A Secret Garden for kids and bees
Getting buzzy with school children in Battersea.
I love getting out and about with my camera in the summer. And what a phenomenal summer we’re having. Not just because the weather has been ace, but because of our Bee Worlds. What are they? Former barren bits of land that are now blooming with a blaze of colour and activity.
So it was that last week, I found myself pedalling through the hazy afternoon heat to a mystery location in Battersea. I was due to photograph Christ Church CE Primary School’s Secret Garden. How do you find a secret garden? “It’s not straightforward. It’s called the secret garden for a reason” Head Teacher, Colette Morris, had replied. I felt like I was back at school already.
I momentarily lost myself in the back streets of Clapham Junction – I’m a photographer not a postie – before finally braving a call to the head teacher. Thankfully she appeared out of a black gate in the distance and welcomed me with open arms.
I’d found the secret garden. Shhh, don’t tell anyone. Walking through the gate felt like walking into the pages of Frances Hodgson Burnett’s book and I wasn’t disappointed with what greeted me the other side.
The place was abuzz with children scurrying around watering every bed. I was amazed. This was the first week of the school holidays. Colette told me she is there every Tuesday and Thursday afternoon during the holidays and much to her surprise the garden is always “a hive of activity”.
The Secret Garden used to be a disused allotment before the school got permission from the council to convert it to a community garden with the help of the RHS Campaign for School Gardening in 2010. While I was there we harvested the cauliflowers. The kids clearly love being able to take the veg home with them.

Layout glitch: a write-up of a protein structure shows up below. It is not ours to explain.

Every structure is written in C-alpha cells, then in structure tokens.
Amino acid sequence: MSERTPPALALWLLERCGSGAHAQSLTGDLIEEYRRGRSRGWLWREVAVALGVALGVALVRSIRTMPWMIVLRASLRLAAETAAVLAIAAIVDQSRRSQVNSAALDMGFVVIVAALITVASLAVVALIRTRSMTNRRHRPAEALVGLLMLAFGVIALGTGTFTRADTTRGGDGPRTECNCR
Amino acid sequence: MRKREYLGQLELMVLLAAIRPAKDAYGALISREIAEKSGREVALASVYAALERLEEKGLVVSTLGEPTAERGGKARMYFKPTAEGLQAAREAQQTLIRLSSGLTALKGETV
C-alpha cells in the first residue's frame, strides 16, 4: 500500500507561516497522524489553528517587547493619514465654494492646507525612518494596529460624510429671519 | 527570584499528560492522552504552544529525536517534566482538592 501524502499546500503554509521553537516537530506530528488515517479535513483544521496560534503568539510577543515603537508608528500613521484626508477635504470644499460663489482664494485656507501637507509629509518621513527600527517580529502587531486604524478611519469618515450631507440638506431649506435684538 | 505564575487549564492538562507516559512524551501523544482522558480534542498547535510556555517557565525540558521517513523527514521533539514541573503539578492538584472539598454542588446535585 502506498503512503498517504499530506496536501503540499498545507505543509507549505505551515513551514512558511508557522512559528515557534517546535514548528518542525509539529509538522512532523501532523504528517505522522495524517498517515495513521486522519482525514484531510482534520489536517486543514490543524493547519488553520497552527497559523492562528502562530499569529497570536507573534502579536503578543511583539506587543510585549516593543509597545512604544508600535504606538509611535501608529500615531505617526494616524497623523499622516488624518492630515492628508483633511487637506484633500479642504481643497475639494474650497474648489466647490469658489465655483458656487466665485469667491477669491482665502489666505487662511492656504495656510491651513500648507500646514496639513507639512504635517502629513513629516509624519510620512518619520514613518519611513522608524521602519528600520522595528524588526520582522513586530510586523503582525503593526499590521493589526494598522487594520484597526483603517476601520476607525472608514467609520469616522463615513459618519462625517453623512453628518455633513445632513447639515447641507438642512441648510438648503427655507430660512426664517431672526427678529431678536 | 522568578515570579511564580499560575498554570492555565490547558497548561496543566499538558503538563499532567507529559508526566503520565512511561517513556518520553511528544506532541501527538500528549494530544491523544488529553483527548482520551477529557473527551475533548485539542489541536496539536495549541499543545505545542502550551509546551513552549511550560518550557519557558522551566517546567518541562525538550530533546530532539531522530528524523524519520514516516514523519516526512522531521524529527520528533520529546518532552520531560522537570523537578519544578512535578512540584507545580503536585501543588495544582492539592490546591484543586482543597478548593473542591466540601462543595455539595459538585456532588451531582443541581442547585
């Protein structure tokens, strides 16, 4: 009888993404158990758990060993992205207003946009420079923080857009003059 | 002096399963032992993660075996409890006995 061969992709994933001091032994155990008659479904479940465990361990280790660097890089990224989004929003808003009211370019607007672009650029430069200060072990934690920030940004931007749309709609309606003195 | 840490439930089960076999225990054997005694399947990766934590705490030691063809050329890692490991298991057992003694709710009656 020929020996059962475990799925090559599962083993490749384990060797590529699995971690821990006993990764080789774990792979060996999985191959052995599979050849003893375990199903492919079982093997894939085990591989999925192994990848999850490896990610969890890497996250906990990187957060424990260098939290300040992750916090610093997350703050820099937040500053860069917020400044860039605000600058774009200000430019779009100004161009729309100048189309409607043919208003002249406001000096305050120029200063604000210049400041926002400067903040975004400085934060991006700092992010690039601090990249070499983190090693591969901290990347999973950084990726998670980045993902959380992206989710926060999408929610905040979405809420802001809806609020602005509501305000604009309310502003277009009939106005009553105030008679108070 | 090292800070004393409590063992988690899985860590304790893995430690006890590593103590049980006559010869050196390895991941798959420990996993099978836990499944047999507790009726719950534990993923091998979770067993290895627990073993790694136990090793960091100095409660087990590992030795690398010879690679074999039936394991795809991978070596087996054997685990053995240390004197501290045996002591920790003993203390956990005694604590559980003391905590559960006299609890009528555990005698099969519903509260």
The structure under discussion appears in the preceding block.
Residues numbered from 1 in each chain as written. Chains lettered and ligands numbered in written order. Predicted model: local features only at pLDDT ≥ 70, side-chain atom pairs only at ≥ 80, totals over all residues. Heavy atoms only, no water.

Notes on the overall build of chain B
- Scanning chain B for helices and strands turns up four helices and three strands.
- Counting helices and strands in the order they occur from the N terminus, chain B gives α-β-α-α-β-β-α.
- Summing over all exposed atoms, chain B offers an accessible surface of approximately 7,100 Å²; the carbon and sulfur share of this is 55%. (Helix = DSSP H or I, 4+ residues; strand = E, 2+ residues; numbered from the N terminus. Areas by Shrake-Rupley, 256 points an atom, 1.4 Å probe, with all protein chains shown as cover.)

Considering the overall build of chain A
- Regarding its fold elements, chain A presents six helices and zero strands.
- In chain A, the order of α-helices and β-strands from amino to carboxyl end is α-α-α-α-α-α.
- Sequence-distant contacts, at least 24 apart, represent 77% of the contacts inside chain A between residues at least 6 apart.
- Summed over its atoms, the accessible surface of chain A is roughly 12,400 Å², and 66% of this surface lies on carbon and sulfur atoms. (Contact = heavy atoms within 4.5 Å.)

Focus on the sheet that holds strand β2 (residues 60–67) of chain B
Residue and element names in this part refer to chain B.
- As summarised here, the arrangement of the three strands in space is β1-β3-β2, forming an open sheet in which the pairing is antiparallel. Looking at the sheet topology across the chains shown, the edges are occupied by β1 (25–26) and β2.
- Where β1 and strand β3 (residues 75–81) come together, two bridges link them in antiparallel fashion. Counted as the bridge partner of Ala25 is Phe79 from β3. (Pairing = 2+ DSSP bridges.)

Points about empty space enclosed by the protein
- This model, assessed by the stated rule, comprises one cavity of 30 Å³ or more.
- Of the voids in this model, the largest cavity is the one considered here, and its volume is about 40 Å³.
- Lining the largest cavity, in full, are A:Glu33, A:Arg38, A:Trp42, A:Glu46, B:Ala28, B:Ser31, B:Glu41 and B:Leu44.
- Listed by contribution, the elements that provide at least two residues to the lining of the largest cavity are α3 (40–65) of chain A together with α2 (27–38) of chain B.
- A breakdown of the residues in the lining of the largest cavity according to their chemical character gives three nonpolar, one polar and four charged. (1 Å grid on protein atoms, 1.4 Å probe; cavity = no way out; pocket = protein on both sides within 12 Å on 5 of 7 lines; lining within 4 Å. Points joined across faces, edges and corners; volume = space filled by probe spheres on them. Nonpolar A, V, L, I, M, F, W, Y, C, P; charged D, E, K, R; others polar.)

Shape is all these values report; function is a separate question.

Although the fruit rarely seems to make it out of the garden before being eaten.
In 2014 the school planted 2 wildflower beds with the help of seeds from Friends of the Earth’s bee world project.
The kids were much better than me at spotting bees.
Colette says the teachers and kids have been using the Friends of the Earth bee guide wall chart to learn which bees have been visiting the garden, including this little honey bee the kids found for me during my visit.
The kids were lining up to show me all the insects they could find. Caterpillars proved to be the most abundant.
I’m now hoping to persuade Colette and her kids to take part in our Great British Bee Count.
Colette admitted that she knew nothing about gardening or bees to start off with. Although she has trouble persuading others that she learnt everything as she went along. The garden looks too professional for a novice.
For me the Secret Garden really was an inspiration that any of us can start a bee world. So why not have a go yourself?
Amelia Collins, Creative Communications team
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